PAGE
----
Back inside the house, New Year had become a special time to welcome asylum seekers. In fact, Scargill House had deliberately changed its emphasis in recent years from appealing mainly to white, English middle-class Anglicans to drawing in people of many different backgrounds, especially those of diverse nationalities and faiths.
Central to this has been its "MythBusters" programme for breaking down barriers between faiths and social classes. It takes groups of children from widely different backgrounds and involves them in activities like circus skills while encouraging them to discuss how they're really
not very different from each other.
This work is set to continue, and David Baker's sorrow at selling up is at least tempered by some optimism for the future. The money that will be raised from the sale – possibly as much as 5m, although the final valuation has not been made – will be used to set up a Christian foundation.
"I see it as turning ourselves inside-out," he says. "Instead of people coming to Scargill House for help, the new Foundation will go out into communities and fund projects, perhaps even pay for groups to stay at residential centres. So our work will definitely continue, it just won't be here at Scargill.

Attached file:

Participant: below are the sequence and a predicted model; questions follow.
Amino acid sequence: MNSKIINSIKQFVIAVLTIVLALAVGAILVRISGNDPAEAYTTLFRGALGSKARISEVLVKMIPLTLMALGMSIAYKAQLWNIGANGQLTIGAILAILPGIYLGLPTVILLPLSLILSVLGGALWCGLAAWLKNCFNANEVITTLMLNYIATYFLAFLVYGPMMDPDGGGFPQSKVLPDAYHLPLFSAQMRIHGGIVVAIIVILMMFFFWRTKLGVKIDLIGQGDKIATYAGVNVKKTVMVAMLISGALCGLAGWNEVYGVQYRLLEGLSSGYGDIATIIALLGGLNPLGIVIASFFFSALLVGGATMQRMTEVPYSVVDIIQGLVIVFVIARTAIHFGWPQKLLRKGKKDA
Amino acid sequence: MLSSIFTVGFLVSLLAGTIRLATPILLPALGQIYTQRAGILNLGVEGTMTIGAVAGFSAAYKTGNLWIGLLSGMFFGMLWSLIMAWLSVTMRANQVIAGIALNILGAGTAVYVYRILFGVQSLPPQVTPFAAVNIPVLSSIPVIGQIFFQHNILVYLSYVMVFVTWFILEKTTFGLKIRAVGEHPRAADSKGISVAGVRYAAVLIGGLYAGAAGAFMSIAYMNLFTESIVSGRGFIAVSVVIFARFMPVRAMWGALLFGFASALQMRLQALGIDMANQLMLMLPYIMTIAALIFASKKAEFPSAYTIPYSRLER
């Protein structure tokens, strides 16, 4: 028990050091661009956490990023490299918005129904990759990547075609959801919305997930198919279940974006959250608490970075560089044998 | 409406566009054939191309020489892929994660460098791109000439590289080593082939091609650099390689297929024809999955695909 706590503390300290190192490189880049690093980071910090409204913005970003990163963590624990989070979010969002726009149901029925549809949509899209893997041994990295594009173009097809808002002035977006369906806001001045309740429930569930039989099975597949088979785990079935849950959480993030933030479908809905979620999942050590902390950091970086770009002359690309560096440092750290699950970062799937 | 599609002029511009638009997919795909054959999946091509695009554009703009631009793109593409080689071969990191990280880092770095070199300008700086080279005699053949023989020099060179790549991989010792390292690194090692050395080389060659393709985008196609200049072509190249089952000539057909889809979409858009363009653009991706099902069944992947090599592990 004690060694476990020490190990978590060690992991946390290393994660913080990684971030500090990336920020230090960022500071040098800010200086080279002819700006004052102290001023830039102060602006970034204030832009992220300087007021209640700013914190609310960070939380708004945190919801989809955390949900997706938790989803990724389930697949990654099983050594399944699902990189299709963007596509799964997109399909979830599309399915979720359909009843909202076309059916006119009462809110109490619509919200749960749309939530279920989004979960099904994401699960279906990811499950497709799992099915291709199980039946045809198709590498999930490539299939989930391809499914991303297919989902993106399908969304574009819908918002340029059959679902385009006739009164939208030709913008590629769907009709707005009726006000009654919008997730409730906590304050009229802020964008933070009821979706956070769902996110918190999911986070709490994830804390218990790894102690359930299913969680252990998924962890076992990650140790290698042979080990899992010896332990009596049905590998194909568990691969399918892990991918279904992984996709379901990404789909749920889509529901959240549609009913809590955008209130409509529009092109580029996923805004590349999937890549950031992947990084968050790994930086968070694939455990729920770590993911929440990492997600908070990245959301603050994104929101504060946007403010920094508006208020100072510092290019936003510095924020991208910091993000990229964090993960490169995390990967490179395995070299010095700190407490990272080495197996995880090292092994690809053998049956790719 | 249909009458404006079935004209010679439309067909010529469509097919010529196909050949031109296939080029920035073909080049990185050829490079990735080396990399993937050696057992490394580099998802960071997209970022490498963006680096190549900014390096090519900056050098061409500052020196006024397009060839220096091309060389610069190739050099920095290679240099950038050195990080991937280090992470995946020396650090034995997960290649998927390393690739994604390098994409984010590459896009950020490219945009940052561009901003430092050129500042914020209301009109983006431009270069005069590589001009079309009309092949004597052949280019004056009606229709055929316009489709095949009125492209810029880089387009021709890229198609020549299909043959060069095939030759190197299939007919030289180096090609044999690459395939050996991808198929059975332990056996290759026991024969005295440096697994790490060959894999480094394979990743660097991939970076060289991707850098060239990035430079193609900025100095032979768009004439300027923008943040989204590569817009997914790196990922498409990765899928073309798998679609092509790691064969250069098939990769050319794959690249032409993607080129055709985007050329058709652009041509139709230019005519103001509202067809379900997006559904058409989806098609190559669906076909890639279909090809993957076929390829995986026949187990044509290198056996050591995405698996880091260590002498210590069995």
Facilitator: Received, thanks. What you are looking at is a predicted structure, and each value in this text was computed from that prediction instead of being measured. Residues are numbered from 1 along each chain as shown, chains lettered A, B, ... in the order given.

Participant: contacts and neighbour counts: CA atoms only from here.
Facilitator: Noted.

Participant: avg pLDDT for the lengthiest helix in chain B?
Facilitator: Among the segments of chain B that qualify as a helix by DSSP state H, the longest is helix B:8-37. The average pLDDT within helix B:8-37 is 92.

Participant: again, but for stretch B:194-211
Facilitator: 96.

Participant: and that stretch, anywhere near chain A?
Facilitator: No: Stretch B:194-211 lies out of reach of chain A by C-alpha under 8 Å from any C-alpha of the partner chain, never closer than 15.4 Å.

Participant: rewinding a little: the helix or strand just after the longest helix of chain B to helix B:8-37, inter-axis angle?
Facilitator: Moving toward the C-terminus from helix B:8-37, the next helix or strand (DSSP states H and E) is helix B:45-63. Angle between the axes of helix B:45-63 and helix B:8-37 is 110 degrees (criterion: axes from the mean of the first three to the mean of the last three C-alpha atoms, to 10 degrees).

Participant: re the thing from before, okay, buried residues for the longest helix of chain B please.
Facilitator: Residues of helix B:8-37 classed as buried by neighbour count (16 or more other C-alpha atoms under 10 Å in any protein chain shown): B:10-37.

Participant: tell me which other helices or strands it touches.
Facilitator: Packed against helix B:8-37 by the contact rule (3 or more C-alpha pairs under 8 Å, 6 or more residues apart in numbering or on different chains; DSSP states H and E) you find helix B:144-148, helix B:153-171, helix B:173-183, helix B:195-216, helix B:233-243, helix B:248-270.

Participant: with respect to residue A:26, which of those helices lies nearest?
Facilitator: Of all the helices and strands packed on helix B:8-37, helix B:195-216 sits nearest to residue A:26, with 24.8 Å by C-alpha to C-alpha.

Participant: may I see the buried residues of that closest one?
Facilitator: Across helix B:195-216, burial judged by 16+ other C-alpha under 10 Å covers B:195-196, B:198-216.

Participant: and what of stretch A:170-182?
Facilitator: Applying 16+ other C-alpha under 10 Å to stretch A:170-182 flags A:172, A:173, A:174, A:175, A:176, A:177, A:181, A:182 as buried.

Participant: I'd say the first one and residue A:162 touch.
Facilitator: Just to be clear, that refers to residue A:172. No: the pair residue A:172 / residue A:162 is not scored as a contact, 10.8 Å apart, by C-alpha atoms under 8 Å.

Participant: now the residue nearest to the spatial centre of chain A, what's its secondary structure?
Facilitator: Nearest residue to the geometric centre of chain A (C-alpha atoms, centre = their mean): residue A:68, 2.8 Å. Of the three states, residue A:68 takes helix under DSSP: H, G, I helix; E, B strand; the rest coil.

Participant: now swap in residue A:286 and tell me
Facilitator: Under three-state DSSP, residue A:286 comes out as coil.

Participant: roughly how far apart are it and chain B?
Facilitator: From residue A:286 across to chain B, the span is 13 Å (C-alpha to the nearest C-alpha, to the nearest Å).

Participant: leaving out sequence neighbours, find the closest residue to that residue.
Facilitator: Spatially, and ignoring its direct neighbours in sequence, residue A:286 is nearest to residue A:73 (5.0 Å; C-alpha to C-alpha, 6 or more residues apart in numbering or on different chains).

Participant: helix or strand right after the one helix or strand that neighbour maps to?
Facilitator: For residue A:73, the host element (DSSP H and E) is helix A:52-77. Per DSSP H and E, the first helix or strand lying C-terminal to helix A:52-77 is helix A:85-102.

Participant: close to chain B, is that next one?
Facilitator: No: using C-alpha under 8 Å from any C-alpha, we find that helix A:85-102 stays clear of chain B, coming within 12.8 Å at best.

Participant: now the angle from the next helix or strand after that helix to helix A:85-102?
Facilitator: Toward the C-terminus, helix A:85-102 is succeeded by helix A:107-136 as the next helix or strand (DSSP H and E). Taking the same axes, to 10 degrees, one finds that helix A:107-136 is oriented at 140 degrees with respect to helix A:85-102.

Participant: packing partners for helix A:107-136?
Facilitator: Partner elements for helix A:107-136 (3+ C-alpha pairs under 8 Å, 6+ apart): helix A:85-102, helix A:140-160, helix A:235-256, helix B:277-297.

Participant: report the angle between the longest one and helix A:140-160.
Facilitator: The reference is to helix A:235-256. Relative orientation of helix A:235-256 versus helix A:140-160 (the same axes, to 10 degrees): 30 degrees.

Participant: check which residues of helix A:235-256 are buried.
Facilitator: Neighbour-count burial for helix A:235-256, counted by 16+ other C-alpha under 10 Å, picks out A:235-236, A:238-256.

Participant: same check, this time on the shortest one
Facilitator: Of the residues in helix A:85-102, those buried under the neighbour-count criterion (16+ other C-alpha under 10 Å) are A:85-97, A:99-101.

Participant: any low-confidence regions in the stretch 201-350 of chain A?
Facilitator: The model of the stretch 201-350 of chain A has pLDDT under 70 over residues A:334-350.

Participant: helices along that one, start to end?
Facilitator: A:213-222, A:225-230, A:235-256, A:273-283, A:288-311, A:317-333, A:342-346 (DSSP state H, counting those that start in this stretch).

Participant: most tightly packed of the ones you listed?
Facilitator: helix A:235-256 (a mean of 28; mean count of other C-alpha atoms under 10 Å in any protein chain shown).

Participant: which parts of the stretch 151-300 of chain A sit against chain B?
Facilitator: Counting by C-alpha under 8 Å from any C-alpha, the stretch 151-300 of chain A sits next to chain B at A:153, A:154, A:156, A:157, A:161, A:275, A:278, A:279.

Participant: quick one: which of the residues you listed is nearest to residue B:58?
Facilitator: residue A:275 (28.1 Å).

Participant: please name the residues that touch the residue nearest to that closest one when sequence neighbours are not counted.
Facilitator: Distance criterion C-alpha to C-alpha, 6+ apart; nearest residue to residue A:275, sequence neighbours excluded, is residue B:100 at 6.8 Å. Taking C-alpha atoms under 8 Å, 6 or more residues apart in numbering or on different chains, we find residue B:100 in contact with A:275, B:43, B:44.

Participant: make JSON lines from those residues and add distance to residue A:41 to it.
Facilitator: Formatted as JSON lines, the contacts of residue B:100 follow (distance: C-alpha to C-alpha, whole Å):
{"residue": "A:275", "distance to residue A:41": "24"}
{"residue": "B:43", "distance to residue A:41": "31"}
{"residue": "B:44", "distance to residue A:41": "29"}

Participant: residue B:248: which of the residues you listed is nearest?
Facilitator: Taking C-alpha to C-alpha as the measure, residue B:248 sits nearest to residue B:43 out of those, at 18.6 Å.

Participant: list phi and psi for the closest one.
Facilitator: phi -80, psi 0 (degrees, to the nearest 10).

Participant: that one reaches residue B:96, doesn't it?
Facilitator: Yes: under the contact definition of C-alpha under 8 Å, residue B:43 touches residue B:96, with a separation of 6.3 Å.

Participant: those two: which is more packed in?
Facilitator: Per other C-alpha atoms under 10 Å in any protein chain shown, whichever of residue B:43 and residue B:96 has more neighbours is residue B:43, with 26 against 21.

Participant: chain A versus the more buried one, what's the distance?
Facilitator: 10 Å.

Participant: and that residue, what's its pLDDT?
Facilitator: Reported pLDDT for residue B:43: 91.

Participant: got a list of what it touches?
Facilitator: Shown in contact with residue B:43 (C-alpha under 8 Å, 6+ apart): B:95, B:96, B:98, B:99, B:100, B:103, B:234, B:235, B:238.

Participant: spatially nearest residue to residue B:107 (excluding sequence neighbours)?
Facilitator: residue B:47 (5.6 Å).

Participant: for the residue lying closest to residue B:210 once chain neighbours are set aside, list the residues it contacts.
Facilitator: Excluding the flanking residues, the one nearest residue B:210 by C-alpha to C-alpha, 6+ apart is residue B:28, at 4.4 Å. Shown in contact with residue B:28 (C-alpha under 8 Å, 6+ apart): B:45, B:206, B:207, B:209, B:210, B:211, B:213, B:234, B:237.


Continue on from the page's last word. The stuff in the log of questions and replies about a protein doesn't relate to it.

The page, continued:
"In terms of spirituality, the spirituality of the generation that came through two world wars was very much of the mind, well, the world's in such a mess so let's find
some space to get away from that turmoil and go to Scargill House.
"But today, despite the credit crunch, I think we are now better off than we've ever been, and there doesn't seem to be that need to escape to a retreat any more. There is more of a need for us go into communities and do our work."
The Scargill House story
The oldest part of the house dates back 200 years, and in 1900 it became a shooting lodge purchased by the wealthy Halifax mill owner Clement Holdsworth for entertaining friends who came to shoot and fish.
By the 1940s, the family business was in decline and Scargill House had been badly neglected. To cover death duties, the family sold it to the Holdsworth textile company, which they still controlled, but in 1957 they were forced to put the estate up for sale because of losses incurred by the mills.
In their sale catalogue at the time the estate agents, Jackson-Stops & Staff, said the "invigorating air and completely unspoilt grandeur of the surroundings make the Property a most attractive and healthy resort."
However, it was bought by the Church of England to be used as a Christian holiday and conference centre.
Almost at once work began on its now-famous chapel. Designed by York-based George Pace – who was also responsible for the King George VI Memorial Chapel at Windsor – it was built in a Scandinavian style to reflect the fact that the Yorkshire Dales' most significant settlers were Viking farmers.
Since then, the house itself has been reconstructed and extended. The grouse moors and riverbanks for trout fishing were sold off, and the grounds are now mostly high-grade woodland.